Since the Great Depression of ’09 happened, I have a lot of free time at work. Some ways to kill that time, in time honored mechanics fashion, is to play cards, drink beer, or pitch pennies against the wall. Or you could catch up on your training, which I opted for since I don’t drink anymore.

I noticed that GM is going through another training metamorphosis. Back in the 80’s the American car manufacturers were contemplating how to reduce the amount of money that mechanics made. I guess this was because they didn’t want to pay us so much for warranty work, which they don’t pay much for anyway. They’re big idea back then was to hire some experts, and make them available to mechanics for assistance if they got bogged down in some technical problem. This morphed into (in GM’s case) the Technical Assistance Center or TAC.

The idea was simple. You could hire a bunch of minimum wage guys and turn them loose on customers cars, and if they needed help it was just a phone call away. Needless to say, this didn’t work. You can see how good guys with no experience are by how many motors get lunched that just got their oil changed at well known cheap oil change places. And since cars got more complicated, they can’t even get rid of the TAC center now. They need every brain they can get their hands on to fix modern automobile systems.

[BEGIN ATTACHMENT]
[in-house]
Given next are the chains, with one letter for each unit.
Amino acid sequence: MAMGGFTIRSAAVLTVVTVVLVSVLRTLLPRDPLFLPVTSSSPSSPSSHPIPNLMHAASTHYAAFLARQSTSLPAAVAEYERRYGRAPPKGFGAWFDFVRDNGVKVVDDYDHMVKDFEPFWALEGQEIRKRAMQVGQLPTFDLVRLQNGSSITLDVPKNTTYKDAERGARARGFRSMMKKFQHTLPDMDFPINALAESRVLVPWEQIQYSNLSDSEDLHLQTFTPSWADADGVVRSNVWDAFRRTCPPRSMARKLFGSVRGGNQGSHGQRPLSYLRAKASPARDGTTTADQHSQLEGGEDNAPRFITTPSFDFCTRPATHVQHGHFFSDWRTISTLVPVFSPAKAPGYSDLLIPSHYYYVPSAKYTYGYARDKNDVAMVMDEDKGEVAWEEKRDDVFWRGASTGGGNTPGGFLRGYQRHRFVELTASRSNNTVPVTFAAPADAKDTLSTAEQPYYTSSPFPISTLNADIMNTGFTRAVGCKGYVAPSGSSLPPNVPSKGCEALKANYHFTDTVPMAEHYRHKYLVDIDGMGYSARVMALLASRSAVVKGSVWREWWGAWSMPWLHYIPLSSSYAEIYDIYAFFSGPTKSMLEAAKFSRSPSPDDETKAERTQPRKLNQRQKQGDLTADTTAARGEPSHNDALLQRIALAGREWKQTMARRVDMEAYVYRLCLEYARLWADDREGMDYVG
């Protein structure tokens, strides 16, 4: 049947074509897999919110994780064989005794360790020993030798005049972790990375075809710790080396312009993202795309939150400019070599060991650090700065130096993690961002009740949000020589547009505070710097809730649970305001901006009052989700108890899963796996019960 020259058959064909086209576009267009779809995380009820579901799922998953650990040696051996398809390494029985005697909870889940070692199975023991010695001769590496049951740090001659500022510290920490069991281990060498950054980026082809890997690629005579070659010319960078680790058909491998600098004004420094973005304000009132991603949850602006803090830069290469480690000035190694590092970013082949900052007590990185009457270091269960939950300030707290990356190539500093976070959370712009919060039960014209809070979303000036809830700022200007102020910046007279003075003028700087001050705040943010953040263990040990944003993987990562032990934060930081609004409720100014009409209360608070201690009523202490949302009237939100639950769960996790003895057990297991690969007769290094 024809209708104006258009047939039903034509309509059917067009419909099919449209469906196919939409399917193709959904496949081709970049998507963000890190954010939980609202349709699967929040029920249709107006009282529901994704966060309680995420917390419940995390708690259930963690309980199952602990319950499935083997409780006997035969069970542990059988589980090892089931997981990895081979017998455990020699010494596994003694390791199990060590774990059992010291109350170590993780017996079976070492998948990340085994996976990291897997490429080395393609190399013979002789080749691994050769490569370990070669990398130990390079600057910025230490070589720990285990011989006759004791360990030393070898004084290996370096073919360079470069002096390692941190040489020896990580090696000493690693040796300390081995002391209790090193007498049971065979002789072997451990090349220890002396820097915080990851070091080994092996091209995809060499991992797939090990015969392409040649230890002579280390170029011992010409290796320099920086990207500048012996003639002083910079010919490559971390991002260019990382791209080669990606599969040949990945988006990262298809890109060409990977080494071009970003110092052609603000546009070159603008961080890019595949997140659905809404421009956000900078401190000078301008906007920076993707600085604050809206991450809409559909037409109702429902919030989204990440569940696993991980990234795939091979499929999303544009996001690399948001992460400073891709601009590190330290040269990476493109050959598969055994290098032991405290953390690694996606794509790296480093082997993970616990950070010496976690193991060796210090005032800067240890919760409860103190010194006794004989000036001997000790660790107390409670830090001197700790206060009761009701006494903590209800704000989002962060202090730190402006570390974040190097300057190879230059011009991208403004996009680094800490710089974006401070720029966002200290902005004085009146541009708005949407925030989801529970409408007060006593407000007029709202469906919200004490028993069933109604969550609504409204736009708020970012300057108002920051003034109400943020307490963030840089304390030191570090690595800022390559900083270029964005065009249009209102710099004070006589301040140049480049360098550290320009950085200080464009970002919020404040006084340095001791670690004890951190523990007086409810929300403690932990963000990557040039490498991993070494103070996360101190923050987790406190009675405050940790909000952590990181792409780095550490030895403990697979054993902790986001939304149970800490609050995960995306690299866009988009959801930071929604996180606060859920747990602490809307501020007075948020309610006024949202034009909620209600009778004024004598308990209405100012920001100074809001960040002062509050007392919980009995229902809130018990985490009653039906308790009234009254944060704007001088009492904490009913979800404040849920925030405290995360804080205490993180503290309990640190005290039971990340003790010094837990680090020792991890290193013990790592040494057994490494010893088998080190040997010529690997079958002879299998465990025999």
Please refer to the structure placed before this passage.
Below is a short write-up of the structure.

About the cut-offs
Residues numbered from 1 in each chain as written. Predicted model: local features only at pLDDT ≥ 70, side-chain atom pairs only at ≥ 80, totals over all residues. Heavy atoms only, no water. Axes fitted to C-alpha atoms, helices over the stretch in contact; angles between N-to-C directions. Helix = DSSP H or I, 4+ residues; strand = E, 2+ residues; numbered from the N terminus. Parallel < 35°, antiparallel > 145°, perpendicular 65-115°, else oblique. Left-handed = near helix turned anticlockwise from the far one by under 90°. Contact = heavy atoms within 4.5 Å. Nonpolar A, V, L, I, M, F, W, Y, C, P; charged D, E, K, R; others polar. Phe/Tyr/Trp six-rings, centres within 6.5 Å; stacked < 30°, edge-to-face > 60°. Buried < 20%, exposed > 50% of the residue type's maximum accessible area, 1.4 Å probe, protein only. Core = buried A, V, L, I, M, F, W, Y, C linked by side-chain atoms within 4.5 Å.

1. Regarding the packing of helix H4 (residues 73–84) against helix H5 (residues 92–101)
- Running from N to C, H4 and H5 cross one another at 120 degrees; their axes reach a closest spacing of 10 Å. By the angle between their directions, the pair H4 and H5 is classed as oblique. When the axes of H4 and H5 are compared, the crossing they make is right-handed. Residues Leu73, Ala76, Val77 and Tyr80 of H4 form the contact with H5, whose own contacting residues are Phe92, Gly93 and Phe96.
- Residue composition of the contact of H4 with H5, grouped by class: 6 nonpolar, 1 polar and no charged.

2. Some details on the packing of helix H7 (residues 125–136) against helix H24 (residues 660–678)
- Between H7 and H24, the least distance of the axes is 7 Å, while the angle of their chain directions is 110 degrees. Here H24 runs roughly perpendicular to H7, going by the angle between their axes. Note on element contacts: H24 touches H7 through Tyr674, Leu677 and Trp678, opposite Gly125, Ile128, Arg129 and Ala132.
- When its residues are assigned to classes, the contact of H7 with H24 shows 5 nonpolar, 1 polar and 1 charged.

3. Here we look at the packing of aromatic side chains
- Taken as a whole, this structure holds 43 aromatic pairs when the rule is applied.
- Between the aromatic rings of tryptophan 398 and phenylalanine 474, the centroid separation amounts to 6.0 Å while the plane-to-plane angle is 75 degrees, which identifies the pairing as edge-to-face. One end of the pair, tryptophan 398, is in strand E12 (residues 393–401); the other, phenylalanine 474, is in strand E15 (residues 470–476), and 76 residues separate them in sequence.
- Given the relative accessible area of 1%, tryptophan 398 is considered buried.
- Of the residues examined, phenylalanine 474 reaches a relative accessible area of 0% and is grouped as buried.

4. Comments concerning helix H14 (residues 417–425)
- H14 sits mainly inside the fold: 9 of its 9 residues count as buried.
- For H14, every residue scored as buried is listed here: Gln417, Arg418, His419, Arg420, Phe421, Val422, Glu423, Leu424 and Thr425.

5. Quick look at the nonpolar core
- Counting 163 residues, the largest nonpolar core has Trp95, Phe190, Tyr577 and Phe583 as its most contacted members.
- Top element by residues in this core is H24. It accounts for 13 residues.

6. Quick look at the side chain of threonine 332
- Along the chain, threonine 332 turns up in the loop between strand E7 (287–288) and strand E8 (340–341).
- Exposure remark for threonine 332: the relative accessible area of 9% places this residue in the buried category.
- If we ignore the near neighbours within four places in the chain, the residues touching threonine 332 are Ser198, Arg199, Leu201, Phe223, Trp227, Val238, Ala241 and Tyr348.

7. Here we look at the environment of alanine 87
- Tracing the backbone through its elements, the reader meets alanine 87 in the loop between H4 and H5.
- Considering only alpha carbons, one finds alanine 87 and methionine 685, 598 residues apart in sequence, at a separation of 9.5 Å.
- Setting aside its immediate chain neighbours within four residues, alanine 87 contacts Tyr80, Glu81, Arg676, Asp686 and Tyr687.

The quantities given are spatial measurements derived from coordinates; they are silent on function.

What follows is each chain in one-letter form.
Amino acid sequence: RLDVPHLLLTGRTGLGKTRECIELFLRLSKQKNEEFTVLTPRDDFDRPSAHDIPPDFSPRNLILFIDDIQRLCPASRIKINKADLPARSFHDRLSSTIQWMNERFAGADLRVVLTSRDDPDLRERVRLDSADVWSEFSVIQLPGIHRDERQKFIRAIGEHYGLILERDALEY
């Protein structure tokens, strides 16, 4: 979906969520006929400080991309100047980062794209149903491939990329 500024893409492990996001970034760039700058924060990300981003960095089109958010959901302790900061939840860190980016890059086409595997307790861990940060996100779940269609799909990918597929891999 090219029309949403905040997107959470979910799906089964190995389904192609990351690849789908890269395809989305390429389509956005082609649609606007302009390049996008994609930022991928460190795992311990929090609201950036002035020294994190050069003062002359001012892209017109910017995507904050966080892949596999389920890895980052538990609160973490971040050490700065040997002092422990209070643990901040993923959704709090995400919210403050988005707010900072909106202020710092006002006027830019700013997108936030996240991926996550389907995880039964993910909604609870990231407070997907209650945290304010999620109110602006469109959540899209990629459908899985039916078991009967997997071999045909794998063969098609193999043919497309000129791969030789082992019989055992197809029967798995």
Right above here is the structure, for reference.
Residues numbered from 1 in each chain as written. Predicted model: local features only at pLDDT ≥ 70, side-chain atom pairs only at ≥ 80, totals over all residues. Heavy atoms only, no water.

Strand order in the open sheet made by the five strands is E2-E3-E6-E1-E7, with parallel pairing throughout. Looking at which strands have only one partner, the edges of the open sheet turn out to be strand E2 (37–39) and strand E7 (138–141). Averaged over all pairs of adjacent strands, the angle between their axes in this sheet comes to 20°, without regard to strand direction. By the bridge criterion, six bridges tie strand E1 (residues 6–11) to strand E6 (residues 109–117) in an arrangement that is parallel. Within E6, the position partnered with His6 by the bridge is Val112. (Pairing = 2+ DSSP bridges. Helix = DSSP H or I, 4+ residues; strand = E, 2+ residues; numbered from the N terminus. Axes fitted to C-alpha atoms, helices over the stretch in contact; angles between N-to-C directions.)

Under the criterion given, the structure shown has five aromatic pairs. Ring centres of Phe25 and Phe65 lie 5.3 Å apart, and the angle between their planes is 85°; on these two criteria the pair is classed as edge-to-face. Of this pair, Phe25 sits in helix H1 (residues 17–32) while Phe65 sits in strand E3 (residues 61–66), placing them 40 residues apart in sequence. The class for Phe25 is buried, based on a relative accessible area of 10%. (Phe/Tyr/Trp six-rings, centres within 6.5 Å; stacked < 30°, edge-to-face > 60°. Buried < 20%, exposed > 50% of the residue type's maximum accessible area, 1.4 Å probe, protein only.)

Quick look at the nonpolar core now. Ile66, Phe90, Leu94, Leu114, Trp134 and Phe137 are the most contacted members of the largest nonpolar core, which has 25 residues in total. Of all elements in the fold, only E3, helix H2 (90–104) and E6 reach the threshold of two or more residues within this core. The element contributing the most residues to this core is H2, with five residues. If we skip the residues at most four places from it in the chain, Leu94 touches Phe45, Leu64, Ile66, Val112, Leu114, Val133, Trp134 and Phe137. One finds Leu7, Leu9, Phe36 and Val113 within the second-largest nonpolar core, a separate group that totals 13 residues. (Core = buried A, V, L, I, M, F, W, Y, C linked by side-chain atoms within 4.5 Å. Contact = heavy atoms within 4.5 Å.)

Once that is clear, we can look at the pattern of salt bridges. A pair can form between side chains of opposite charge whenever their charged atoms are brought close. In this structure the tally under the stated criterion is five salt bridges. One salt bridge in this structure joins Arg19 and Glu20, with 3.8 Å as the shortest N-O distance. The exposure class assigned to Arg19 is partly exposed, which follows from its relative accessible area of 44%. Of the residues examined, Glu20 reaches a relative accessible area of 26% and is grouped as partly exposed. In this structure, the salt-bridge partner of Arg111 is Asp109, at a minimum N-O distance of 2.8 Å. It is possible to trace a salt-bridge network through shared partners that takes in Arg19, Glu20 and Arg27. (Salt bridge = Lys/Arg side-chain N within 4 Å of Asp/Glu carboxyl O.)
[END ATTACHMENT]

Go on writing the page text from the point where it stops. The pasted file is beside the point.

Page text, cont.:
It came home to roost in the preamble to the latest GM training guide. They don’t want mechanics to follow a repair procedure by rote anymore… they want them to think outside the box, use their own initiative, get down and dirty and figure the problem out.

This is what Americans have traditionally done best, and have always done, and it is about time GM and the other American car manufacturers acknowledged it.


Pioneer and the aftermarket radio industry…


I heard in the news recently that Pioneer is getting out of the flat panel TV business and returning to it’s core business of selling aftermarket car radios… I don’t know if that’s a good idea or not.

Cars have been undergoing a transformation lately, and one the the things being transformed is the audio system. Traditionally, the car radio occupied a hole around 2 by 8 inches in the dash. This is called a DIN opening. Some upscale cars at first wanted to put more stuff in their radios, which led to the double DIN opening, or around 4 by 8 inches. Companies that sell aftermarket radios have traditionally made their wares to these sizes.

But, car companies being what they are, and progress being what it is, this is all over. The audio system now is spread all over the car. (This is not true for all cars, but increasingly so..) The picture above is a 2005 Saab 9-3 dash. At the bottom of the picture are the radio controls, and just the controls. The radio display is the other module at the top of the dash by the windsheild, and the radio itself in buried deep in the dash. (There actually is more, The Woofer amp is under the drivers seat, and the other amps are in the trunk.) No DIN openings here.

And it’s spreading. The current trend in radios is a control head that you see in the dash, and this usually incorportates the HVAC controls also. The guts of the radio is buried out of the way, and the display is also separate. This is not good news for the aftermarket radio industry. The DIN and double DIN openings are slowly disappearing. And so far, I’ve seen no response from the aftermarket radio industry. They have no solution to this problem so far.